The next stage of politics is involving the polity.

This was certainly worth doing but more is needed, more conversation.

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28 June 2007: This evening I’m reporting from the LBJ Library at the University of Texas (UT) on Tavis Smiley’s Public Broadcasting System (PBS) forum with the candidates for the Democratic Party nomination for President of the United States. Like many other Bloggers here tonight, I’m suppose to be an ear to what our community thinks about the pols and their policies. The difference, at least for me, from some of the other Bloggers is that I’m a working journalist and a former political hack. I know this game. So I’ll try to share with you what is meant by what is being said, instead of being a parrot.

In the process, I’ve brought along a few friends, included my Gen Y Personal Assistant, to look over my shoulder, take some digital photos of this crowd, and correct my impressions when I tend to act like an old curmudgeon.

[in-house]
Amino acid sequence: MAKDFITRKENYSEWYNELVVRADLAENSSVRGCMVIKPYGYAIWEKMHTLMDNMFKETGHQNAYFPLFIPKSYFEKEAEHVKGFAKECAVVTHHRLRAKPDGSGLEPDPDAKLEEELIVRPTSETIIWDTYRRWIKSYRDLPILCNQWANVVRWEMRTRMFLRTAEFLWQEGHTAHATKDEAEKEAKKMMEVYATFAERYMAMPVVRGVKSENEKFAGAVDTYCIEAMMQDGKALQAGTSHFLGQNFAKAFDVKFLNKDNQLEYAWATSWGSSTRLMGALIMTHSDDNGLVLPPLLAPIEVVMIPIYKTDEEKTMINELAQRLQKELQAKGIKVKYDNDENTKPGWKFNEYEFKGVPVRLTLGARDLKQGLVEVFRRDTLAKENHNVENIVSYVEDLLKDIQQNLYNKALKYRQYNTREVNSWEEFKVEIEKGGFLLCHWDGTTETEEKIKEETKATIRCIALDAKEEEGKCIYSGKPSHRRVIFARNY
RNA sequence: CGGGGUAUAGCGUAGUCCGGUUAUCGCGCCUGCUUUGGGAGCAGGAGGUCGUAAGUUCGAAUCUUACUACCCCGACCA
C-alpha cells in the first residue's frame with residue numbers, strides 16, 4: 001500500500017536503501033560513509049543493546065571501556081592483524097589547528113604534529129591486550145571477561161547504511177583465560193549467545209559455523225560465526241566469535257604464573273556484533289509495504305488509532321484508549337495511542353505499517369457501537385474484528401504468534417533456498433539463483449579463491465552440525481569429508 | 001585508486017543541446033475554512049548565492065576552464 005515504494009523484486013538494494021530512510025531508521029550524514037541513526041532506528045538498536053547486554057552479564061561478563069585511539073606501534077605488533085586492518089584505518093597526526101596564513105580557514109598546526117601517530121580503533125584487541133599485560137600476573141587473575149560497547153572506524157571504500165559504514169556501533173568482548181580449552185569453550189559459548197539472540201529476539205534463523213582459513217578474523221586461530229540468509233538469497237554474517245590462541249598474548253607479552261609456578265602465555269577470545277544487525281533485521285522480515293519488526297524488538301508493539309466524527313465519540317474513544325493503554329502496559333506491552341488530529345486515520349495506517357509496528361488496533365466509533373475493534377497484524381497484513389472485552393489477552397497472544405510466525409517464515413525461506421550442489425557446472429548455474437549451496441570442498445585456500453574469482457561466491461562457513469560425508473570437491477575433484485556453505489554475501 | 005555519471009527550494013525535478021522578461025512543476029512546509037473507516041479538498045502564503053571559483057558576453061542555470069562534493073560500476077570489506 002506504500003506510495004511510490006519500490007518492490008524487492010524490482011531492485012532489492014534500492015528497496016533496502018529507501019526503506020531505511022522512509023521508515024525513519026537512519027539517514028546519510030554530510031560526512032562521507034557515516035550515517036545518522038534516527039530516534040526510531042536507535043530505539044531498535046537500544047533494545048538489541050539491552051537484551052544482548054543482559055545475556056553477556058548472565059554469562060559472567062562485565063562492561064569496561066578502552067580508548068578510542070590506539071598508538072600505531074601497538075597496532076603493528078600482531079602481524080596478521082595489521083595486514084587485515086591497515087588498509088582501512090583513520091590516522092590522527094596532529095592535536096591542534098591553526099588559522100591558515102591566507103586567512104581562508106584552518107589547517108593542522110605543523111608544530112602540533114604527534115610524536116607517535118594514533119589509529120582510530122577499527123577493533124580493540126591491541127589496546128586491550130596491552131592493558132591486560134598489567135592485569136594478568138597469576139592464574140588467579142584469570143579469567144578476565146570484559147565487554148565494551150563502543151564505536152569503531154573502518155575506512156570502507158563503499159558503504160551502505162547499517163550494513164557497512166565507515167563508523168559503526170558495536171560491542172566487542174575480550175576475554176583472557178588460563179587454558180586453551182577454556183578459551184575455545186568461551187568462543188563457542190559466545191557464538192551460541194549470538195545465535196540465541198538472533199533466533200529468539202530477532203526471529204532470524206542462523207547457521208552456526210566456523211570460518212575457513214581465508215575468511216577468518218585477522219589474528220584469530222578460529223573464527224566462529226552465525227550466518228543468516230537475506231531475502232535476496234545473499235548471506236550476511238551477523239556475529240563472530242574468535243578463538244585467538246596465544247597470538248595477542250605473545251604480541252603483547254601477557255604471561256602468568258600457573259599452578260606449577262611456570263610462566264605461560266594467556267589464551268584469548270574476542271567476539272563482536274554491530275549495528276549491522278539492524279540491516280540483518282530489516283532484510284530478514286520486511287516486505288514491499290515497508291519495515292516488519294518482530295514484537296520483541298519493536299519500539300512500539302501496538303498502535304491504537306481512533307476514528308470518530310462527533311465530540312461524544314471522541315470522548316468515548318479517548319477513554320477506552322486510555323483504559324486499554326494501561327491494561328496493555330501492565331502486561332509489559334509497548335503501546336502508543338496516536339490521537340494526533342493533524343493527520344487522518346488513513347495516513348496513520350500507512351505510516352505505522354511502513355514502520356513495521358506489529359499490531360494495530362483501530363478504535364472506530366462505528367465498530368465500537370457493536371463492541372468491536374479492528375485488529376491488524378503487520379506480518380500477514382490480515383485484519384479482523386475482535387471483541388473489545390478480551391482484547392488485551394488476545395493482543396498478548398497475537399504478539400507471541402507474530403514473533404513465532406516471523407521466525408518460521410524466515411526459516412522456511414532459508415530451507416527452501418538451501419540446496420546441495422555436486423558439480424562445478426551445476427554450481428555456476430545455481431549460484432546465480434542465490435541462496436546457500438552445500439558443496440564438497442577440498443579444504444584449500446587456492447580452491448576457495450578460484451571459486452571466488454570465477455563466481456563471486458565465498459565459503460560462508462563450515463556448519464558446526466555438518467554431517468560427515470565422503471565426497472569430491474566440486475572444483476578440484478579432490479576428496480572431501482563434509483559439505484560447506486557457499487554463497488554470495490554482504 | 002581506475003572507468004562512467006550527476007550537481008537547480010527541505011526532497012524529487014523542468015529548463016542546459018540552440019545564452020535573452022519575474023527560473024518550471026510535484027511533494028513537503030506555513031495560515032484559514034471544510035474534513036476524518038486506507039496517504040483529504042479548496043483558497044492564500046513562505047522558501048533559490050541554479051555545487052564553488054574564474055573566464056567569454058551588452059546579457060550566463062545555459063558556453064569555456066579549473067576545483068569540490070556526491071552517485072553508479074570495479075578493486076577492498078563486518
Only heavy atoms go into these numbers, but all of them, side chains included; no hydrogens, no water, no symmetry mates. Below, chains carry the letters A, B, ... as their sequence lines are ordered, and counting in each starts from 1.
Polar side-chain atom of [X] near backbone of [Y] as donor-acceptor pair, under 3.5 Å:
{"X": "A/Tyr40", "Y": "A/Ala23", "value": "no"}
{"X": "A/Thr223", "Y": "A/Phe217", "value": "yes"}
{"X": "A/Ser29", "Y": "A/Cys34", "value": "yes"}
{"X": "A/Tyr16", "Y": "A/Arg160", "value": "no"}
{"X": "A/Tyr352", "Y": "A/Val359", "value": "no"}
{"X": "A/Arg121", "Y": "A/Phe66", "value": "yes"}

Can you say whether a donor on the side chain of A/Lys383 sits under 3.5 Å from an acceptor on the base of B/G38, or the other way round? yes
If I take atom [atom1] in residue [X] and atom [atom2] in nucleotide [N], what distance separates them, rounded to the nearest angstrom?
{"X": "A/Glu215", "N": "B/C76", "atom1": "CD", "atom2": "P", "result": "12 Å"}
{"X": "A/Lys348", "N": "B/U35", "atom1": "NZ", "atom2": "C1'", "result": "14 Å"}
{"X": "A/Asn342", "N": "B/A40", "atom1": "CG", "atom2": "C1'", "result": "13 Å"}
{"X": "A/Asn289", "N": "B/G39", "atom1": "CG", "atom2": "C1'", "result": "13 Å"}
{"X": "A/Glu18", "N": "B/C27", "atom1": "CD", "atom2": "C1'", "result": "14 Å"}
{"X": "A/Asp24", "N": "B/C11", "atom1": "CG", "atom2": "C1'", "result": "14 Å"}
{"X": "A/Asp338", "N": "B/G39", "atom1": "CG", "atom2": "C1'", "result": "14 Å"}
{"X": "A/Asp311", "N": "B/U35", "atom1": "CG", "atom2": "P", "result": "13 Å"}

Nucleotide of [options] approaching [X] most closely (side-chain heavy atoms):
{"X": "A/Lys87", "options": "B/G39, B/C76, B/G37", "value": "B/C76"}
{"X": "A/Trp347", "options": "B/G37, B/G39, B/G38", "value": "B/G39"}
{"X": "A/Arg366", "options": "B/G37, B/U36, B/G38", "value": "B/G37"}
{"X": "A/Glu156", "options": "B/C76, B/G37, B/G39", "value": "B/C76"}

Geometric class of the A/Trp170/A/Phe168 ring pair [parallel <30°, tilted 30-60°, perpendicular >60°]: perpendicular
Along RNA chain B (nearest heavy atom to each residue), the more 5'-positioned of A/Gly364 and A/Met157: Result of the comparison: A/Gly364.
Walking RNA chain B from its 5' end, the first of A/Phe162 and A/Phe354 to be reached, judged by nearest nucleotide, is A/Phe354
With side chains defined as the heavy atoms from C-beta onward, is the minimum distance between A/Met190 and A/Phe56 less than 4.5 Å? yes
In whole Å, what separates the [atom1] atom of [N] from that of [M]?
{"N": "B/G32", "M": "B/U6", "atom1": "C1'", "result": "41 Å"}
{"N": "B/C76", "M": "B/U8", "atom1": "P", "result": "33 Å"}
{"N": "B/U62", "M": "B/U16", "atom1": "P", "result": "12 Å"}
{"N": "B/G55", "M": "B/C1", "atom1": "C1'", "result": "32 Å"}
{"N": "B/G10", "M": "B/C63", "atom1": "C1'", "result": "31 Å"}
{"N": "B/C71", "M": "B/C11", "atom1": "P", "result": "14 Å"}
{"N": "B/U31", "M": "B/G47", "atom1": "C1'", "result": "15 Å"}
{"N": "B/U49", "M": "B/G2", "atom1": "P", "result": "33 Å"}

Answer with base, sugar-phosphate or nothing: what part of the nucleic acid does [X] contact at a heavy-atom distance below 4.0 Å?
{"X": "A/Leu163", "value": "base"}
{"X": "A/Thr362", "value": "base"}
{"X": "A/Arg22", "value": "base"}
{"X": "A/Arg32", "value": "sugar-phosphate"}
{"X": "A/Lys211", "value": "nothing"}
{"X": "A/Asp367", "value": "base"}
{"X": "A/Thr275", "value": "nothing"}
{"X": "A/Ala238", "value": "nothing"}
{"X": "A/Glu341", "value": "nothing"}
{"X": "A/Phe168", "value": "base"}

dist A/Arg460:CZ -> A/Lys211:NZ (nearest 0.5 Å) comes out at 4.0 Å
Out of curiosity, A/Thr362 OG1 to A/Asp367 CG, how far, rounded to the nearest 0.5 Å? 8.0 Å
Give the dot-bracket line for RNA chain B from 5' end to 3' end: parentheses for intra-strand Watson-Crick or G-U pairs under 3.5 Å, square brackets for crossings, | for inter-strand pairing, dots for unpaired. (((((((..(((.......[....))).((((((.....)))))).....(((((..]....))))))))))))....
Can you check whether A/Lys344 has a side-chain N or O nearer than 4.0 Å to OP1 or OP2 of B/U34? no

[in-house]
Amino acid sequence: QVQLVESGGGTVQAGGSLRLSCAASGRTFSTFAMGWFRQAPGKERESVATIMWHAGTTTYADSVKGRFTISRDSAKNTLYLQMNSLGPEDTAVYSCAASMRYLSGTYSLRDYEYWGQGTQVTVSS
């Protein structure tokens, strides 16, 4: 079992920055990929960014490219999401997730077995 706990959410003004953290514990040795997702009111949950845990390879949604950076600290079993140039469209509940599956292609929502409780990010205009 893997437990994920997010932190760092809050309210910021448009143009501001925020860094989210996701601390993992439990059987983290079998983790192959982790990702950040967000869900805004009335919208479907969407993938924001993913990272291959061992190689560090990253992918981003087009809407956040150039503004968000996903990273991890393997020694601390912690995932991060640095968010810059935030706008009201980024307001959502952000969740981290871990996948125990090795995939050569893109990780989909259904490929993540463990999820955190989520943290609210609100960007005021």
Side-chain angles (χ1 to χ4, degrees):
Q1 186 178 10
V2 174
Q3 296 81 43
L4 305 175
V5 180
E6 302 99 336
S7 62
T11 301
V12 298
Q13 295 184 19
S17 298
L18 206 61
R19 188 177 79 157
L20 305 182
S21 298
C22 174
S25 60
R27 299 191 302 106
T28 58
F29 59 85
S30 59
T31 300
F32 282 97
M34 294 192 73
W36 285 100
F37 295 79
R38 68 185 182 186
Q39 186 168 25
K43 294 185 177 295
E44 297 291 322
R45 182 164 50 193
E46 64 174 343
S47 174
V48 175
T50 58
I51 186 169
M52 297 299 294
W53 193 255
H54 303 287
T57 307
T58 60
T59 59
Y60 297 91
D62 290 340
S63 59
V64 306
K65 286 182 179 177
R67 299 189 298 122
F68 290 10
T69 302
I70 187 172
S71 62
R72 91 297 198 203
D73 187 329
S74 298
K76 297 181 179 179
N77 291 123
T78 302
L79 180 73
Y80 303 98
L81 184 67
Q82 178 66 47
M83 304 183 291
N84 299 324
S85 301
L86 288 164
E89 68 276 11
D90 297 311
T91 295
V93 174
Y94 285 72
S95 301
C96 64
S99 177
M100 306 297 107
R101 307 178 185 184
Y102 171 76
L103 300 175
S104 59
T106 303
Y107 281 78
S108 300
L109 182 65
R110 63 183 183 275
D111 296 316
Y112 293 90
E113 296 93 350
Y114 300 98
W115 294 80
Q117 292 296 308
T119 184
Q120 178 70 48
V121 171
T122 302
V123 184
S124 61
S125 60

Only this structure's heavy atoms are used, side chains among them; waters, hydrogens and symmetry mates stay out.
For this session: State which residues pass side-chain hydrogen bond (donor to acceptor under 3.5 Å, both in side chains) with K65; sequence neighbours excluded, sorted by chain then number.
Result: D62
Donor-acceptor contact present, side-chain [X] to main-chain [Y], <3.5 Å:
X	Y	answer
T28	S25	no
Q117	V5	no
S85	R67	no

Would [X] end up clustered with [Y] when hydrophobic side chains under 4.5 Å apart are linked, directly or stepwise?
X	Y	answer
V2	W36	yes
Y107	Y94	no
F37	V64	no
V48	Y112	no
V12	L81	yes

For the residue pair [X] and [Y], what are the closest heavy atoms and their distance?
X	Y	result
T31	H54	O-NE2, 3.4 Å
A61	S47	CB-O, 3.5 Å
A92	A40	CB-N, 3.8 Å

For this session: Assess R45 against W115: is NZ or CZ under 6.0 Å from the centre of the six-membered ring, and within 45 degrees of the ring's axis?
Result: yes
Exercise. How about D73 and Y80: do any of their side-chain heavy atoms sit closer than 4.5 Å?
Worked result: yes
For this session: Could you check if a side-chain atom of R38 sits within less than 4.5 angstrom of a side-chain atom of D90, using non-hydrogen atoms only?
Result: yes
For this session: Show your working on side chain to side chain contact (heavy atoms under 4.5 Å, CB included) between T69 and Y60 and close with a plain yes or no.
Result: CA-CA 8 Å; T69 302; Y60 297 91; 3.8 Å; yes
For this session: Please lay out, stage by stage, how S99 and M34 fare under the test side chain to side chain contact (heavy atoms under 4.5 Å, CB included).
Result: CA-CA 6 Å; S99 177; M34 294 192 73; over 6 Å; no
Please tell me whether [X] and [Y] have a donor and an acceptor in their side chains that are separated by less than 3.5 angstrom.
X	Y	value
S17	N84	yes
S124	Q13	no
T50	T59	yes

The citizens at the each table were asked to have a Blogger like me write write about what they think. Live blogging is an interesting exercise in that we, the bloggers, should act as the ears of the people.

What I find interesting is that people at my particular table are talking about Dick Cheney, global corporations and corporate greed – compared to personal sacrifice – and nothing NOTHING about Tavis Smiley’s “Covenant for African-Americans” which is about what this forum was set up to look at. This Reporter walks around to a few of the tables at this meeting to ask if anyone had heard about Smiley’s initiative. Even the few Black people here have ever heard about it.